UK challengers Starling Bank and Monzo are changing their overdraft policies effective April 2020 which will see customers with bad credit scores charged higher fees, This Is Money reports.
Starling is set to add 25% or 35% interest rate charges on overdrafts depending on customers’ credit scores, having previously only charged a flat 15% rate. The previous week Monzo said it would be replacing its 50p per day fee on all borrowing over £20 with a set of interest rate charges ranging from 19% to 39%. Monzo’s £20 fee-free buffer will also disappear as part of the changes.
The moves follow a push by the Financial Conduct Authority (FCA) which ordered UK banks to stop marking overdrafts as “available” funds to customers to make it clear to consumers that overdrafts are a form of debt and not their own money.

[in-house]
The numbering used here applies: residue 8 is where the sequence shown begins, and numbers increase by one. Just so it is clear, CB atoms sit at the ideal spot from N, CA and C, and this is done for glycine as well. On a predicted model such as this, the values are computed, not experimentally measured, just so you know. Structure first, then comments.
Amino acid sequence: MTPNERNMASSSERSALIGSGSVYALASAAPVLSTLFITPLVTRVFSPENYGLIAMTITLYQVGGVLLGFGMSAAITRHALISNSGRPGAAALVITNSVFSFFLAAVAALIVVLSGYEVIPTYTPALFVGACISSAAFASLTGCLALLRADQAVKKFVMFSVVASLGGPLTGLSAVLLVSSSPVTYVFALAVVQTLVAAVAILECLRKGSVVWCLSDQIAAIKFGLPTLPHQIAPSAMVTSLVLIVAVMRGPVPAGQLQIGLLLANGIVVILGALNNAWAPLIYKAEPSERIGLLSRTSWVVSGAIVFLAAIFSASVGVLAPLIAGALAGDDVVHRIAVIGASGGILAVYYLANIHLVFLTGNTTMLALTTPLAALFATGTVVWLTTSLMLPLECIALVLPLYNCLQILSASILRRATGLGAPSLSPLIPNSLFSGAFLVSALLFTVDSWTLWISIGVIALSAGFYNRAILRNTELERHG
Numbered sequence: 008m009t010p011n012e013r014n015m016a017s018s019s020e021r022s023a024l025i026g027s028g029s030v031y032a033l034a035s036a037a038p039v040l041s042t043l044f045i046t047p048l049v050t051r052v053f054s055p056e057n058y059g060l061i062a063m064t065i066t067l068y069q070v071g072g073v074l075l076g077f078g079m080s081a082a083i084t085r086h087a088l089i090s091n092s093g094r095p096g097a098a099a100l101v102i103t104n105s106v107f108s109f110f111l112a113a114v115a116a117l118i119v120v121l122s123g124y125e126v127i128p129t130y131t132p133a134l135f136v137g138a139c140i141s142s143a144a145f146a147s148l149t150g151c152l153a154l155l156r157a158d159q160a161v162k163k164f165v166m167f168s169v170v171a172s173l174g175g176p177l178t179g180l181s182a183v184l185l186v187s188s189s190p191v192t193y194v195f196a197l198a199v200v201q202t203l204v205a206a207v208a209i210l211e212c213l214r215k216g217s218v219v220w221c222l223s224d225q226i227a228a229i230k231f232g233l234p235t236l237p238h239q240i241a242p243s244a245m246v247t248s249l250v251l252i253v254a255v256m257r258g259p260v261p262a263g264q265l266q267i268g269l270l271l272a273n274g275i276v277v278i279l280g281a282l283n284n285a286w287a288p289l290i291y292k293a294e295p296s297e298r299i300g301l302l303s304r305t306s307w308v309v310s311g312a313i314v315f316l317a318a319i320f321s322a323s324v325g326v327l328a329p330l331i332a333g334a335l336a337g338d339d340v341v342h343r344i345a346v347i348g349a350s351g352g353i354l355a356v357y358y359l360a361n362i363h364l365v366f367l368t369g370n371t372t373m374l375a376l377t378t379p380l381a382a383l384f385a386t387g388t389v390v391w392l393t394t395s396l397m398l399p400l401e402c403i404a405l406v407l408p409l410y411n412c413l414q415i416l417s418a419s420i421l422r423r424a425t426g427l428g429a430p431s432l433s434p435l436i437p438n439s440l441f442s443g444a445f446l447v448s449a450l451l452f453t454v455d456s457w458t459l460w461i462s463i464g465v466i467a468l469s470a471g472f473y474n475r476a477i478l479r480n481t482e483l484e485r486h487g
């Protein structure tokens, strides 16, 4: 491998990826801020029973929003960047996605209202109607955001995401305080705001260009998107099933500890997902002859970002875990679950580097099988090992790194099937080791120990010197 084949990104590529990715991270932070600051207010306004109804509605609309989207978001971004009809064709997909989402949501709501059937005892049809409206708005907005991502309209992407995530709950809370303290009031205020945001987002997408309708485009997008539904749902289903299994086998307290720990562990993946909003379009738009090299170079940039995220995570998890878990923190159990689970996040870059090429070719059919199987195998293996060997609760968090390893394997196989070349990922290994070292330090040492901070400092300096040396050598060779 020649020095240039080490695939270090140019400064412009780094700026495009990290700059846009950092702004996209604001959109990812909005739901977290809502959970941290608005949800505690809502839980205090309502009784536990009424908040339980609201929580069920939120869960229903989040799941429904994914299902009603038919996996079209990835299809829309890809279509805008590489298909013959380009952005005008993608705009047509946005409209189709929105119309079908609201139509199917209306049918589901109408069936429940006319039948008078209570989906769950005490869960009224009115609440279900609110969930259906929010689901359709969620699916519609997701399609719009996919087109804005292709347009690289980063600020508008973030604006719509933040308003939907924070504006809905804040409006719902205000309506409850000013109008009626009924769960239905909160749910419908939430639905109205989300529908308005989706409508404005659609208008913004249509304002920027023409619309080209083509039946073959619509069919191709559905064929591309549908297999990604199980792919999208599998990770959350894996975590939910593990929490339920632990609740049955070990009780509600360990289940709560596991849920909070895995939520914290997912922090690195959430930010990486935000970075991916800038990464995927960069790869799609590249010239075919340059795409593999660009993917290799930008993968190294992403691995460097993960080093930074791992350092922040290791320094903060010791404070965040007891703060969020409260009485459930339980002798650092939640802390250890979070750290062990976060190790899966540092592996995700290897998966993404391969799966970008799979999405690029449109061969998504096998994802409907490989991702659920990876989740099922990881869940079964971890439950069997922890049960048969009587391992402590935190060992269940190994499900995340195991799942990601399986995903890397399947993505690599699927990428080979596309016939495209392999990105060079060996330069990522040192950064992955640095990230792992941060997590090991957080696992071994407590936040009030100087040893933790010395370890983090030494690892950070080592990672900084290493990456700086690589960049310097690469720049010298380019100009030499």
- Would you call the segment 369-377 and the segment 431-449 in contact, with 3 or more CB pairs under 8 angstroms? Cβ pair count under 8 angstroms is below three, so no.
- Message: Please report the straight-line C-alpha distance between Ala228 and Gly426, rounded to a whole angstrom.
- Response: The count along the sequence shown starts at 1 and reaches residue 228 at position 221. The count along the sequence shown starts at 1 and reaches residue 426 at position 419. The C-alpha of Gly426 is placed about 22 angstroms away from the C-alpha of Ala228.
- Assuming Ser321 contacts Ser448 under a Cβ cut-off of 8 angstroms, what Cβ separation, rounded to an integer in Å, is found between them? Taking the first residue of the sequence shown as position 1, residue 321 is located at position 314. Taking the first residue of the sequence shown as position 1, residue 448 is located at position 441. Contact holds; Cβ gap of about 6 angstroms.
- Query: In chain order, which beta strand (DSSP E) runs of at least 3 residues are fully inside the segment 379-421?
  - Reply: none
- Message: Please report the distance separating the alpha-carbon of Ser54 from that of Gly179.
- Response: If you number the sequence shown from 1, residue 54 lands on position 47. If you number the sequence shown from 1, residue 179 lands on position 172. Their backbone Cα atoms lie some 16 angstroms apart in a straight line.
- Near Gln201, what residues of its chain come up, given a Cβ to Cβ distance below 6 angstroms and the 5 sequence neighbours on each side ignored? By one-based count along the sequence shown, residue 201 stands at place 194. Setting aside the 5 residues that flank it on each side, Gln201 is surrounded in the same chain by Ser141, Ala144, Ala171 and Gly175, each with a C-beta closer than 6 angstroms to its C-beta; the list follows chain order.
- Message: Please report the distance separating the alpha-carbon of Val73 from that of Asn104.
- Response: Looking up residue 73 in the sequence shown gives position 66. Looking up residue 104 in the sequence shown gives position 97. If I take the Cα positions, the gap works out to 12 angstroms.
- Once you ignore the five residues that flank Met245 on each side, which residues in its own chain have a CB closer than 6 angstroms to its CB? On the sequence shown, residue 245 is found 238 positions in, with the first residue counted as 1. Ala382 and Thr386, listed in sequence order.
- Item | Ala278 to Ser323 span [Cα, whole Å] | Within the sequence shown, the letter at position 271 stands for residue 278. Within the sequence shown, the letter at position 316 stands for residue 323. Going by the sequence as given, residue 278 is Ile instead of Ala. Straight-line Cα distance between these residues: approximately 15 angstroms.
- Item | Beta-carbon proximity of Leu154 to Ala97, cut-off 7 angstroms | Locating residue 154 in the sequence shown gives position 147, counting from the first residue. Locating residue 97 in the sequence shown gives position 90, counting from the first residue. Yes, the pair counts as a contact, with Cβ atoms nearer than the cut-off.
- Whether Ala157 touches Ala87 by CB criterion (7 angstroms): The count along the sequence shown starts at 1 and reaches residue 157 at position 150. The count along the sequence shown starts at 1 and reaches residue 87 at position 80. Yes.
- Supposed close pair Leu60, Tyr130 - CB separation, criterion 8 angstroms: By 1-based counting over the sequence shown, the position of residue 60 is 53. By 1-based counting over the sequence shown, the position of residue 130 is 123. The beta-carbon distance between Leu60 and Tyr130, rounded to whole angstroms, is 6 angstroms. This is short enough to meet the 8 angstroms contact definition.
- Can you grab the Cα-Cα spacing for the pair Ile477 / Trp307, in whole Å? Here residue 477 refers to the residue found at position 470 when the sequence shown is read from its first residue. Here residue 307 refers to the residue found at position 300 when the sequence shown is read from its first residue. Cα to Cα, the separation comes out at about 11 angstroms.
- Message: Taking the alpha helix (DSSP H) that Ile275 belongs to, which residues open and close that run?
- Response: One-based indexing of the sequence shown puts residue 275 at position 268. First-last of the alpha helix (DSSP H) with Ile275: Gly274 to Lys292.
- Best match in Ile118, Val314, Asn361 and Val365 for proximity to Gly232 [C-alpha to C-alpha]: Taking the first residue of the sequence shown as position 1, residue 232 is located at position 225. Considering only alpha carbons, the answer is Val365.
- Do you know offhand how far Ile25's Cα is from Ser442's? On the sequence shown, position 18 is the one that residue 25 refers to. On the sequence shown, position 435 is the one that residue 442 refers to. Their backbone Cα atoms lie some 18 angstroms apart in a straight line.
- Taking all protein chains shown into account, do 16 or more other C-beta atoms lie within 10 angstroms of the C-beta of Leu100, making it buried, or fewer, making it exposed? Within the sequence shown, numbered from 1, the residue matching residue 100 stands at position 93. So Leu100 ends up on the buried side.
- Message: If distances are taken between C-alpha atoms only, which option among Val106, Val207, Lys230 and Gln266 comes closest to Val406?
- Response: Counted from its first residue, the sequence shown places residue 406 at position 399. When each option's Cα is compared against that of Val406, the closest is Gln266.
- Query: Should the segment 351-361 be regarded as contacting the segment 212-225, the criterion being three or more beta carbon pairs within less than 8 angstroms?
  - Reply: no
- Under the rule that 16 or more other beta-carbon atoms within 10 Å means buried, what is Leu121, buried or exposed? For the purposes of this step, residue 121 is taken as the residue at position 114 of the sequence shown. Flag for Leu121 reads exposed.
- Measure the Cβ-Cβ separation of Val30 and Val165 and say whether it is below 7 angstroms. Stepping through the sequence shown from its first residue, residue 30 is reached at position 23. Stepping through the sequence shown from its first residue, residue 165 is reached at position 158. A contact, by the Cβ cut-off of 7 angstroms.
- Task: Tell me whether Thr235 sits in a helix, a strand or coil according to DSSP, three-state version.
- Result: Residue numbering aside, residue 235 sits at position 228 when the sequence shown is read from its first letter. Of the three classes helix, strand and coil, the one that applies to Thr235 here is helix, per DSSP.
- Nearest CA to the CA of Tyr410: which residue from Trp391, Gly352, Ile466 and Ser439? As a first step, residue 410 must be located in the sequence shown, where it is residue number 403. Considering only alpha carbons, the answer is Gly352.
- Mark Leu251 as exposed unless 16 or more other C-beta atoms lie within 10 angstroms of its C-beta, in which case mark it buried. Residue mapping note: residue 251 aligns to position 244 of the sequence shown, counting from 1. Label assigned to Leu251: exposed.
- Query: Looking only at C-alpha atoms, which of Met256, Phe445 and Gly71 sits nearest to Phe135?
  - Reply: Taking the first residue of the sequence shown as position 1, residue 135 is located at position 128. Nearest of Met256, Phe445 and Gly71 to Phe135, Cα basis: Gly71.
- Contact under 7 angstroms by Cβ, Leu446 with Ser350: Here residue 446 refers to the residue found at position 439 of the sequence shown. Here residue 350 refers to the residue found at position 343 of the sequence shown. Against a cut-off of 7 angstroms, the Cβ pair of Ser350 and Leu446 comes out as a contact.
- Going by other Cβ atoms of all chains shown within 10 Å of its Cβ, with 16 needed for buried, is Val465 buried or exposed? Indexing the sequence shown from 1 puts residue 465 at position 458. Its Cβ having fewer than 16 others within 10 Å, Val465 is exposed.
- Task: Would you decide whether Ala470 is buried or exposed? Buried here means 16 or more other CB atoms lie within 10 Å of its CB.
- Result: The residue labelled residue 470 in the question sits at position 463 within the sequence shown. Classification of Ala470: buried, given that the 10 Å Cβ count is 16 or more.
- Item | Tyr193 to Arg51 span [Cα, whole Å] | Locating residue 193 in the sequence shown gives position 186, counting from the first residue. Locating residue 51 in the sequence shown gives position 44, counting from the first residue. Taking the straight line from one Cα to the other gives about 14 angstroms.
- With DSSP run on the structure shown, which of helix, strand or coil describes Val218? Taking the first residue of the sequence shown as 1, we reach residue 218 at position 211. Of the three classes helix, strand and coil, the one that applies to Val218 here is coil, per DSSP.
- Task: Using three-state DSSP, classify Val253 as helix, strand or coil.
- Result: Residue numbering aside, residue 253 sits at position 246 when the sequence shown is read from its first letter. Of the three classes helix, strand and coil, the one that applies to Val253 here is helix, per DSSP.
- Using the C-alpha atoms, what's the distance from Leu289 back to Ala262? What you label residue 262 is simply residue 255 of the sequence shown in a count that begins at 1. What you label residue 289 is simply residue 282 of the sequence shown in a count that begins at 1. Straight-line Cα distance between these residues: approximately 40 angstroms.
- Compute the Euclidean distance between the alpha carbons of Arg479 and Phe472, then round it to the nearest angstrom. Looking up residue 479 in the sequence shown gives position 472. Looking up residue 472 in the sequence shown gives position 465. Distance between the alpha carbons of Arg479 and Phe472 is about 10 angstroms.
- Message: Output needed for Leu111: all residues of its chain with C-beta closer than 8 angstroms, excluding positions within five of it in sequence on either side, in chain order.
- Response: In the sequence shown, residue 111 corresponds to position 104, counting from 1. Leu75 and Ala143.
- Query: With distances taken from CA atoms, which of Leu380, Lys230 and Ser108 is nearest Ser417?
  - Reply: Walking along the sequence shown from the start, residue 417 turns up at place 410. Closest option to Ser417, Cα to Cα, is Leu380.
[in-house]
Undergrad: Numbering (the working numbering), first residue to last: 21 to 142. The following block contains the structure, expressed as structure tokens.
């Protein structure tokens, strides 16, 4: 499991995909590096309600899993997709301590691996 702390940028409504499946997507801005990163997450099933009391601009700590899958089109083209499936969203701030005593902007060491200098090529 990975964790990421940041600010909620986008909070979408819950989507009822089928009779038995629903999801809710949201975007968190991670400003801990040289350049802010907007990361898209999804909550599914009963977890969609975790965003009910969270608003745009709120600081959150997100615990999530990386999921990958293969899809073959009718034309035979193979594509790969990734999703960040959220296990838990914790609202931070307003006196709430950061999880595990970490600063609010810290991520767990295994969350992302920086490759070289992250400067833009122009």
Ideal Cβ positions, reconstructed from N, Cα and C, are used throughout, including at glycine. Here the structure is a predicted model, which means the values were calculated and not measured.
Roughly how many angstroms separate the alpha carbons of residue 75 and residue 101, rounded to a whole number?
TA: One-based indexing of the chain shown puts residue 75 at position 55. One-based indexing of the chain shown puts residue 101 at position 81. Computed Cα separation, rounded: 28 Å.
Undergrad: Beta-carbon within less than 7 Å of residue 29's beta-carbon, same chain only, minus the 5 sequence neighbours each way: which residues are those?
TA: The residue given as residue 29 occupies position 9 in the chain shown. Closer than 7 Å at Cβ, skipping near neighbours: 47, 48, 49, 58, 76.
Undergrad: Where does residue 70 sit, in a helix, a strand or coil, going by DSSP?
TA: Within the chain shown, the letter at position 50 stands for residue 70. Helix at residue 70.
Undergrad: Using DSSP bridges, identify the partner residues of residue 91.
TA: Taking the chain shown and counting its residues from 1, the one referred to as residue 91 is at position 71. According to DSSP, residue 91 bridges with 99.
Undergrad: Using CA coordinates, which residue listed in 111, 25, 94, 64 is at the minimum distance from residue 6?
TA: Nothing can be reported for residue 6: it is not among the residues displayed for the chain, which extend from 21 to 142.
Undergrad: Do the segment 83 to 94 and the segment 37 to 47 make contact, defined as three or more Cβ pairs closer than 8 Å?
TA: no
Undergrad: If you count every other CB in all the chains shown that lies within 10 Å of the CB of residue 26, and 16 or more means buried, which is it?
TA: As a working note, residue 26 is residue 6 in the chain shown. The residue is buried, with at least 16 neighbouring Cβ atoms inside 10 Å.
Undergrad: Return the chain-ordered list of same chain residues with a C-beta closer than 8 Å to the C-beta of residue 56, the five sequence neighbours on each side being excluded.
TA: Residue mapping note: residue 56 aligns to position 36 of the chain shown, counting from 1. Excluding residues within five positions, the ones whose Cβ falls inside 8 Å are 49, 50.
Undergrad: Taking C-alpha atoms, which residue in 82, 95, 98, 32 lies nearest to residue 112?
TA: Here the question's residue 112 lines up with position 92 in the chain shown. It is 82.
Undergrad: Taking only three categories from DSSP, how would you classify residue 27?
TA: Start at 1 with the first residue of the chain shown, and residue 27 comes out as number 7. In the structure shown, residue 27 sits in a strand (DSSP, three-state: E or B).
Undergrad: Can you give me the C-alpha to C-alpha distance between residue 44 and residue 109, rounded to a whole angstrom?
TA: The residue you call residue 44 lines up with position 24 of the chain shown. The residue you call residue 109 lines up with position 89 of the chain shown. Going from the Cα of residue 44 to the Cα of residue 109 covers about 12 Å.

“Unfortunately too many people fall into the trap of believing that’s their money rather than a debt,” FCA director Christopher Woolard said on Radio 4’s Today Programme.
Incumbent banks Nationwide and HSBC, as well as sibling banks First Direct and M&S Bank, have all increased their interest rate charges to 39.9%. In some cases, First Direct and M&S Bank customers will now be paying almost triple what they are paying now, with overdraft fees jumping up by 24%.
Starling is currently the cheapest option, resisting the urge to go as high as 39%. “The new pricing structure is designed to reflect the true cost to us of offering overdrafts and to ensure that we can continue offering the best current account possible,” says Starling’s CEO Anne Boden.